The footage, shot by Alaskan fishermen in 2009, will make its public debut on "Hillstranded," a new Discovery Channel special that will air Tuesday evening at 10 p.m. EDT.
Some now claim the animal to be a “Cadborosaurus,” a reptilian creature named after Cadboro Bay, in British Columbia. Those lucky enough to have sighted this rare beast describe it as having a long neck, a horse-like head, large eyes, and back bumps that stick out of the water.
Reports of Loch-Ness-like sightings have been popping up in the area since the 1930s, yet the only proof of Cadborosaurus’s potential existence are grainy photographs and tenuous eyewitness accounts.
Paul LeBlond, former head of the Department of Earth and Ocean Sciences at the University of British Columbia, believes the 2009 video “adds to its authentication.”
"I am quite impressed with the video," LeBlond, co-author of the book "Cadborosaurus: Survivor from the Deep," told Discovery News. "Although it was shot under rainy circumstances in a bouncy ship, it's very genuine."
LeBlond compares the sea monster to a plesiosaur, a carnivorous aquatic reptile believed to have gone extinct during the Cretaceous Period. Others are more skeptical, believing the Cadborosaurus to be a frill shark, a large eel, or some kind of fish.
"People are working off of sketchy lay observations," said Jim Covel, senior manager of guest experience at California's Monterey Bay Aquarium. "We do, however, still find new species in the oceans, perhaps allowing some to entertain ideas like this, filling in the gaps with their imaginations. But it really underscores how more scientific exploration is needed."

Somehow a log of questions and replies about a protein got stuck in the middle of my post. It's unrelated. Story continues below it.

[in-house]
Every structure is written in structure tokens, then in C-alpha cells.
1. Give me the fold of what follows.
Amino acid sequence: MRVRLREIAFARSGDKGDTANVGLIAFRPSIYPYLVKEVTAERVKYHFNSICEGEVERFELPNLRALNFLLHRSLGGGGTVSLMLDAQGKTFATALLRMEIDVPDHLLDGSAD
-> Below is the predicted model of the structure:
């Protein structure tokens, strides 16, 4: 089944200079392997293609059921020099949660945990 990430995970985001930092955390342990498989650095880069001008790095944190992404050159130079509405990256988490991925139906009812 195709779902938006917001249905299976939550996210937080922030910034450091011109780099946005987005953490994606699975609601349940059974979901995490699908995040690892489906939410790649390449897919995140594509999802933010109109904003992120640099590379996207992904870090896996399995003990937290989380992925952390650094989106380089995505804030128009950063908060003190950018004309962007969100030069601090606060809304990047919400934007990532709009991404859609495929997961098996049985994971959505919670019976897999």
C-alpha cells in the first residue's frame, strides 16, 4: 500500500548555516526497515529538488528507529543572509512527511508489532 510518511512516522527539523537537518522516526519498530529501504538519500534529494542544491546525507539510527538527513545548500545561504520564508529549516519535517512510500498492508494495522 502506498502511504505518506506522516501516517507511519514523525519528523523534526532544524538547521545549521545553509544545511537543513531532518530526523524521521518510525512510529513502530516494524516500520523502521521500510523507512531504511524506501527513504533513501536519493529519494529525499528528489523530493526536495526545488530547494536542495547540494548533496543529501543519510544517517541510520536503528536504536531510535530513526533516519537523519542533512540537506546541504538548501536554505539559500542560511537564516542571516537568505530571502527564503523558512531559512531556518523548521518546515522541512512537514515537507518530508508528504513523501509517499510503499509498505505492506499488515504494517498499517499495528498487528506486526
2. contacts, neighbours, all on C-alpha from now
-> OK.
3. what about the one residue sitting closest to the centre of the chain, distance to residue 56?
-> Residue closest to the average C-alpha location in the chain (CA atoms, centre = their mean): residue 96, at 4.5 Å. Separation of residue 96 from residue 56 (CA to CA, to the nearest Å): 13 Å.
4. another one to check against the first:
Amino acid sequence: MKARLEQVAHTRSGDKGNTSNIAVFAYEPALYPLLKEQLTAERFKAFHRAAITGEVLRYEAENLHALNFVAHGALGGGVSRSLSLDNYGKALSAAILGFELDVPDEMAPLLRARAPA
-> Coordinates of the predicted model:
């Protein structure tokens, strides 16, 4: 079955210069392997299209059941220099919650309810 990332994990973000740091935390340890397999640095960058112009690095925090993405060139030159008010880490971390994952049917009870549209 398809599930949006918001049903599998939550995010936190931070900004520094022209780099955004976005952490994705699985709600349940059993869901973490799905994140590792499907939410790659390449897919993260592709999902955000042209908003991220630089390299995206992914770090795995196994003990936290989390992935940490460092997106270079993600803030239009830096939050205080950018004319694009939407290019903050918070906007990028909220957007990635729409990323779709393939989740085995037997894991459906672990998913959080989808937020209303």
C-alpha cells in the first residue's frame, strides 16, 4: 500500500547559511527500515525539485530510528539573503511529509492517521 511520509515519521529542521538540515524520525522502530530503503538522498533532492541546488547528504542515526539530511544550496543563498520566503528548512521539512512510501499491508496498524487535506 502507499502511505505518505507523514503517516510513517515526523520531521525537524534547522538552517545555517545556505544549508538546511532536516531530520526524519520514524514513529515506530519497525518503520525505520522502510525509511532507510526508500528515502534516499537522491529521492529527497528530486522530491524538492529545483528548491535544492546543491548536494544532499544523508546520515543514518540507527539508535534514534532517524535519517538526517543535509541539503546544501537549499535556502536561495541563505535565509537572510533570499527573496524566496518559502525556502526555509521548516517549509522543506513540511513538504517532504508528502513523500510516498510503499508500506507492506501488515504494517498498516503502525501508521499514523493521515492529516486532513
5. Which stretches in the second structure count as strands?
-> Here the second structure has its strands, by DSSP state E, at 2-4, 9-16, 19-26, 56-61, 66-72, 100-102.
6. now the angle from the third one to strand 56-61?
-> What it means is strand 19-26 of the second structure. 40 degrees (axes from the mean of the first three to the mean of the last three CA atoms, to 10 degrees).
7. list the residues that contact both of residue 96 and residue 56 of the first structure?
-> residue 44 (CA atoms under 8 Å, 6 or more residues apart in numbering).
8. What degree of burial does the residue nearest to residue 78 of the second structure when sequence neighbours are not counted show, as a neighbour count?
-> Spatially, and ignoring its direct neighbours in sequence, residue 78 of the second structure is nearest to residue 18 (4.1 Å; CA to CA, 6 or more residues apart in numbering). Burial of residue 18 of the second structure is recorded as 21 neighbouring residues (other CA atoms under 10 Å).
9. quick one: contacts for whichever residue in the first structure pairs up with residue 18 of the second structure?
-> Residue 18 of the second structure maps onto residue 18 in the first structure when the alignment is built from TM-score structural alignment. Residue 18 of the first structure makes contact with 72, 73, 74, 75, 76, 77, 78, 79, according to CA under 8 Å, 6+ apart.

One prominent new believer though is Andy Hillstrand, most known for his time on the television series “Deadliest Catch.” He believes he may have spotted a Cadborosaurus while filming “Hillstranded.”
"We saw a big, long white thing moving in the water. We chased it for about 20 minutes," Hillstrand told Discovery News. "Spray came out of its head. It was definitely not a shark. A giant eel may be possible, but eels don't have humps that all move in unison. I've never seen anything like it before."
Hillstrand is well aware of the controversial nature of his claim but gave credit to local fishermen who have reported seeing the Cadborosaurus.
“They are not a bunch of fruitcakes. These are people who are familiar with the local marine life.”
Read more about the Cadborosaurus at Discovery News.